photo
Dr. D. Michael Shafer
Founder and Director, Warm Heart

+1 732-745-9295 | +66 (0)85 199-2958 | d.michael.shafer@...

www.warmheartworldwide.org | Skype: live:d.michael.shafer53

61 M.8 T.Maepang A.Phrao 50190 Chiang Mai Thailand

Latest Tweet: Recent article published by Global Ground Media #airpollution #globalwarmingsolutions https://t.co/a2cdLpWF7h https://t.co/rwDykD7b9K Read More
    

On Sun, Apr 12, 2020 at 7:59 PM Daniel Pidgeon <daniel.pidgeon@...> wrote:

I've been composting for many years. After stumbling across biochar two years ago while searching for ways to help farmers in Africa do things a little better, I started reading and studying as much as I could about it.

Suddenly, with issues with the virus seemingly about to shut down my current business and put me on unemployment for the first time in my 25 workspan, my pipe dreams of maybe one day creating a side hustle in biochar/vermi-compost/compost/organic gardening have been given a shunt up the possibility and urgency scales! Between having more time and needing to spend it on something that supports my family, and the sudden societal consciousness of food security and resurgence in the home garden, it would seem that now might be the right time for action to take place.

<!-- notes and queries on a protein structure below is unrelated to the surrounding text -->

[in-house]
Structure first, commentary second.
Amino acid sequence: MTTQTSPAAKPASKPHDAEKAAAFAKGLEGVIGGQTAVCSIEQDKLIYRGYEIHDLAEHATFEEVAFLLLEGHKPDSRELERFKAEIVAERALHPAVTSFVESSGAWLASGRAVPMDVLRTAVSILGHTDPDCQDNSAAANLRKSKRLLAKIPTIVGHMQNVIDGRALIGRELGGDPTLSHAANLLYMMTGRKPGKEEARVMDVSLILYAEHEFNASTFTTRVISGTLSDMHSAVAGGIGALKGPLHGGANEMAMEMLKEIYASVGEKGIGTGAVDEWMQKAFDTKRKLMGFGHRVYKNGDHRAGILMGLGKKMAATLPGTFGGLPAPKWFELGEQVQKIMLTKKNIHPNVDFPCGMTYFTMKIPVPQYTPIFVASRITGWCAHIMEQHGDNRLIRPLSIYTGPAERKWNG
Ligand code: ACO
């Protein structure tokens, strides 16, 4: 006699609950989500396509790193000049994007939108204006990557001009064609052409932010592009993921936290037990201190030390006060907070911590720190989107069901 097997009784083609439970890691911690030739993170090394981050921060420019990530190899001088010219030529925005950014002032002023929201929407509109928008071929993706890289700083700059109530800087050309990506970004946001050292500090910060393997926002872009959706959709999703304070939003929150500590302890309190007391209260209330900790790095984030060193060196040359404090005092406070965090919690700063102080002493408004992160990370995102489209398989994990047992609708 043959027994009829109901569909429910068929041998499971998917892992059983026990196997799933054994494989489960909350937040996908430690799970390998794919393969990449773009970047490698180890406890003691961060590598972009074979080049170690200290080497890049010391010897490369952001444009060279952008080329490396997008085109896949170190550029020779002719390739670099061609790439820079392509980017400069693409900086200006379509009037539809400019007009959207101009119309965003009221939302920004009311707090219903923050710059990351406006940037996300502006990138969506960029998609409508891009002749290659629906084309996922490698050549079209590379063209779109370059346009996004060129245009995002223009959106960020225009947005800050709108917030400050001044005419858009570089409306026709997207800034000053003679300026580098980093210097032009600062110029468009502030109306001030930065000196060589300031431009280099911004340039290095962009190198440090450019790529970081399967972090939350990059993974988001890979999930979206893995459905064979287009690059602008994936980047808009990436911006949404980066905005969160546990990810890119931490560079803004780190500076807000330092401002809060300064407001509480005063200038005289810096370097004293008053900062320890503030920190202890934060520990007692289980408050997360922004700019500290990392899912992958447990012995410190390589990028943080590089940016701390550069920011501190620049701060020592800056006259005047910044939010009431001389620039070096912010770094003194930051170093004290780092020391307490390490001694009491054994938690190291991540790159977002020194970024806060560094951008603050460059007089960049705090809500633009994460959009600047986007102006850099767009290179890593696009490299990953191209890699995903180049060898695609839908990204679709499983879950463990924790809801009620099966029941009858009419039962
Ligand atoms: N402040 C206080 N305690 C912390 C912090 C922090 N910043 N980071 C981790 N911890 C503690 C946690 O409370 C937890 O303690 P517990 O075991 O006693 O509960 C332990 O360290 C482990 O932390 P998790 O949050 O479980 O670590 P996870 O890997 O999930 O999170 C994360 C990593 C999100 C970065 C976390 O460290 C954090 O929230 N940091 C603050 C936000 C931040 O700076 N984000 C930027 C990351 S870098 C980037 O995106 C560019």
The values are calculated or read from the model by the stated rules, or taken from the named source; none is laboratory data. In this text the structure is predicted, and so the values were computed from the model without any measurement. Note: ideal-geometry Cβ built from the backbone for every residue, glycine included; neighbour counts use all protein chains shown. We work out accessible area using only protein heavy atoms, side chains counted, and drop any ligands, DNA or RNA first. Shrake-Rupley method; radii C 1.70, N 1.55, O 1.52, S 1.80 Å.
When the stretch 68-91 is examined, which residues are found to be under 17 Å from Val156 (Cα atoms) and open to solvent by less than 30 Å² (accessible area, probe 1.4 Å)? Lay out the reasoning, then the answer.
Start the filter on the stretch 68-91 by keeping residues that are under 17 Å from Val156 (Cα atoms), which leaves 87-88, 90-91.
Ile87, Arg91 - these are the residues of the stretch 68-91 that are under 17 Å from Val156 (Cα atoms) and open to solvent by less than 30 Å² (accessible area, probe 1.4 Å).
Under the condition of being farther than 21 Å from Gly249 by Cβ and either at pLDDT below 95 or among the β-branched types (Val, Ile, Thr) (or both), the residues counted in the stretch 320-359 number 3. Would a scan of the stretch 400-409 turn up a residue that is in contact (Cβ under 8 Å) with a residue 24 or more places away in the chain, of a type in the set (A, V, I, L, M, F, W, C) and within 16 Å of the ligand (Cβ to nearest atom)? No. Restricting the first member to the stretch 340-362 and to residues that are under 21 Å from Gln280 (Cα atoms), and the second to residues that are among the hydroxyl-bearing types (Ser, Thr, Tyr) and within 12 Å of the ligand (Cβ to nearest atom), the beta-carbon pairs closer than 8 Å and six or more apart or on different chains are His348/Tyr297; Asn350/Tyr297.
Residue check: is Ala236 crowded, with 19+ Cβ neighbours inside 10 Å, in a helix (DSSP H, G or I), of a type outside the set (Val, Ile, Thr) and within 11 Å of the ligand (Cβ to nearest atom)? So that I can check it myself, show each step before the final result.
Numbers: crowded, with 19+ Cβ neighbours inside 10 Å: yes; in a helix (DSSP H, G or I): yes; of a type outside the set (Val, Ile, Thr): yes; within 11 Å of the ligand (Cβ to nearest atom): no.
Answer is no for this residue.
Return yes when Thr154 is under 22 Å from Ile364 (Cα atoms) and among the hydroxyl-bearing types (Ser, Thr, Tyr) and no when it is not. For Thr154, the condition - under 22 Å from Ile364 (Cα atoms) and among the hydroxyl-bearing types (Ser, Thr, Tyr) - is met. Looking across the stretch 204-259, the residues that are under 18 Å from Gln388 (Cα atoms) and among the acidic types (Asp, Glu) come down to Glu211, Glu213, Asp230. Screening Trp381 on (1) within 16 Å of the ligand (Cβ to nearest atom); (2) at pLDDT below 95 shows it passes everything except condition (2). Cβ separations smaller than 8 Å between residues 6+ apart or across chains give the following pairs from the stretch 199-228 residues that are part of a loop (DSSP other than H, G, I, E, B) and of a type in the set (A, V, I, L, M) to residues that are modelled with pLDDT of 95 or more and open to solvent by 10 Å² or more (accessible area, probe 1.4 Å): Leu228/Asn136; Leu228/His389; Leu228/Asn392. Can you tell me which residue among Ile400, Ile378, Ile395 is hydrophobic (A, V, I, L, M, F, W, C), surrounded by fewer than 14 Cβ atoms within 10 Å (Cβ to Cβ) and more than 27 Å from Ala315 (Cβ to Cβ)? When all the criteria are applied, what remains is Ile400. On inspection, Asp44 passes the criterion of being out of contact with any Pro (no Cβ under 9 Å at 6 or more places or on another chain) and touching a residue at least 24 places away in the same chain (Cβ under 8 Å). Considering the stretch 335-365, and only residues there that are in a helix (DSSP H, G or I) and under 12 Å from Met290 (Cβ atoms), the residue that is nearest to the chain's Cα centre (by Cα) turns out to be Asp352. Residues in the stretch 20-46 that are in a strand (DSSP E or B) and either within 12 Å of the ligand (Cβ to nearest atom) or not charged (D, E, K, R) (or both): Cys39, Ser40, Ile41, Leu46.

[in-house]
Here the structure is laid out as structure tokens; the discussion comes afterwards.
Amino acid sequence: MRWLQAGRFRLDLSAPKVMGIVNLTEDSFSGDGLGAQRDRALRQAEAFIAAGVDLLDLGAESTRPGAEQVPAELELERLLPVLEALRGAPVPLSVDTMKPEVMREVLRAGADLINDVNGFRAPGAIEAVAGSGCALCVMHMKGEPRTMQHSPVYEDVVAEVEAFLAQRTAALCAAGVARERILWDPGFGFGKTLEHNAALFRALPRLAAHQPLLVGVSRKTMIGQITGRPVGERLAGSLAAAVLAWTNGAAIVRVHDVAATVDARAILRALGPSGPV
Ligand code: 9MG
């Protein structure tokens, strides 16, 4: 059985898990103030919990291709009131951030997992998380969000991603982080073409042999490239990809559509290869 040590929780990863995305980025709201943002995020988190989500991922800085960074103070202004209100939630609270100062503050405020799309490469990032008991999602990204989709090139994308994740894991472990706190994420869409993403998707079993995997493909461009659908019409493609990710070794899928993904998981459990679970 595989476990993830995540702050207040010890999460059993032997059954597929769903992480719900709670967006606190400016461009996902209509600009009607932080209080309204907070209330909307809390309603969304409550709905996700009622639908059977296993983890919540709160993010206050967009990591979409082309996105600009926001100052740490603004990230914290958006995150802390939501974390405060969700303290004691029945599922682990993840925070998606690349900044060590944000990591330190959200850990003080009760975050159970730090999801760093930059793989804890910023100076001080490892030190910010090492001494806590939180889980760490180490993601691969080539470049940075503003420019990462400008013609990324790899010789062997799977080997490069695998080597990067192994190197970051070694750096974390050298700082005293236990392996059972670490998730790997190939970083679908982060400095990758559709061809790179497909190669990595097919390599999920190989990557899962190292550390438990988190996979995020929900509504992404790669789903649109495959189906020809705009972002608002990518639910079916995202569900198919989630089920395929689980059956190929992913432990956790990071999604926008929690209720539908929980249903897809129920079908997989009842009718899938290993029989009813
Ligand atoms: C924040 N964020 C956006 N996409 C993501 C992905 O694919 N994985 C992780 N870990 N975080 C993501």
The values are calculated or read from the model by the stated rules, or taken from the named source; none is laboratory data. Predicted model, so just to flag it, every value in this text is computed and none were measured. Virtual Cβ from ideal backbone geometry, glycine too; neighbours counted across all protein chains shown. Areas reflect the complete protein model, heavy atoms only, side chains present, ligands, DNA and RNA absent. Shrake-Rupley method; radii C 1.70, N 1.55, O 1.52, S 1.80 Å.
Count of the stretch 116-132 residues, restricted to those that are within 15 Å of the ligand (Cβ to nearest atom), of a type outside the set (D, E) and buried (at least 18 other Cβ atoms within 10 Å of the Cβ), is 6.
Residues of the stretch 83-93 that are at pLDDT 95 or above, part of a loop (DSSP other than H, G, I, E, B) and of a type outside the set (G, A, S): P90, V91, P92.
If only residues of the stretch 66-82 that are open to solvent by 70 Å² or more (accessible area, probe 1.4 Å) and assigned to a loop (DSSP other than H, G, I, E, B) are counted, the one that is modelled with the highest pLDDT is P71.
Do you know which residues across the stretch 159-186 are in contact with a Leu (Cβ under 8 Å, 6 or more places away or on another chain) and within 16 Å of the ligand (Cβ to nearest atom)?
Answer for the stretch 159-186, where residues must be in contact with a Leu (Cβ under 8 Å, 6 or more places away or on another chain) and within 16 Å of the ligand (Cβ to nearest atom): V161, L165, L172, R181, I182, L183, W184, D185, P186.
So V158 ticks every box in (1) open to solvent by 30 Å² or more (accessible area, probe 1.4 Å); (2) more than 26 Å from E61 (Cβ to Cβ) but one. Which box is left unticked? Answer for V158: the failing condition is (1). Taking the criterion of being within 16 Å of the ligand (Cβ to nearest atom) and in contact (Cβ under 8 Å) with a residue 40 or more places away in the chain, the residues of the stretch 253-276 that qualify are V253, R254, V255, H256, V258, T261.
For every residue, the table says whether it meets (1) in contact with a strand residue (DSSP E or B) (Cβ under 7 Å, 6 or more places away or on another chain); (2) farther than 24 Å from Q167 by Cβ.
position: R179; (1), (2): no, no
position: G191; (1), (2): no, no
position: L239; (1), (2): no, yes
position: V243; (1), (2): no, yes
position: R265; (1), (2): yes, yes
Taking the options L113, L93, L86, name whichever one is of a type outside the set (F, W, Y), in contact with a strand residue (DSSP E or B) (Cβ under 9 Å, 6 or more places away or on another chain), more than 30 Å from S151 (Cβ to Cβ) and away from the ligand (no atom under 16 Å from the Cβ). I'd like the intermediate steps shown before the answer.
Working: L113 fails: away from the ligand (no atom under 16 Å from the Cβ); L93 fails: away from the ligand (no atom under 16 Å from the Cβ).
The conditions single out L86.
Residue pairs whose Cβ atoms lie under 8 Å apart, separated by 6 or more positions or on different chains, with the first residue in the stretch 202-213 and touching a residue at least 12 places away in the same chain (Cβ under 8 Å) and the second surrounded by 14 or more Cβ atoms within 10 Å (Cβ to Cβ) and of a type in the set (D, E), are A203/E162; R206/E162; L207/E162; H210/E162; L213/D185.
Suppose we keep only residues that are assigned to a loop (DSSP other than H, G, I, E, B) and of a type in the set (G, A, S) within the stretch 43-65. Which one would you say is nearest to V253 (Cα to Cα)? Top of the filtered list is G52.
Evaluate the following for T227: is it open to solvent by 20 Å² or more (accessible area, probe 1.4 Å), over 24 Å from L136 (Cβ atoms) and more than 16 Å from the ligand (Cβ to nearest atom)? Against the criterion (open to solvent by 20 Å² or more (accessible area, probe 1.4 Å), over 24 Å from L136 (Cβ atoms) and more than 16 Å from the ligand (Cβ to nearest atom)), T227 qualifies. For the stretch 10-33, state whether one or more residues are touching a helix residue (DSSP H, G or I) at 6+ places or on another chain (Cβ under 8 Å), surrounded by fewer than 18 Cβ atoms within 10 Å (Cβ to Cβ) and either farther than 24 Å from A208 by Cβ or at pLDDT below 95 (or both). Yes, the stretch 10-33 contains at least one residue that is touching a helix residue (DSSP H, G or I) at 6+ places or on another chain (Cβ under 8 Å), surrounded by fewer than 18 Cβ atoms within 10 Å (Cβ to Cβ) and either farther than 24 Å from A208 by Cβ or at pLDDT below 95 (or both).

I recall seeing someone post a round graph about all the frequent internet searches regarding biochar. They suggested that answering some of these would be a good start in a FAQ page on a website regarding biochar and it's uses. But now, for the life of me I cannot find it anywhere, even though I save and bookmark almost everything of note on the topic. Would someone be able to help?

Thank you,

Daniel Pidgeon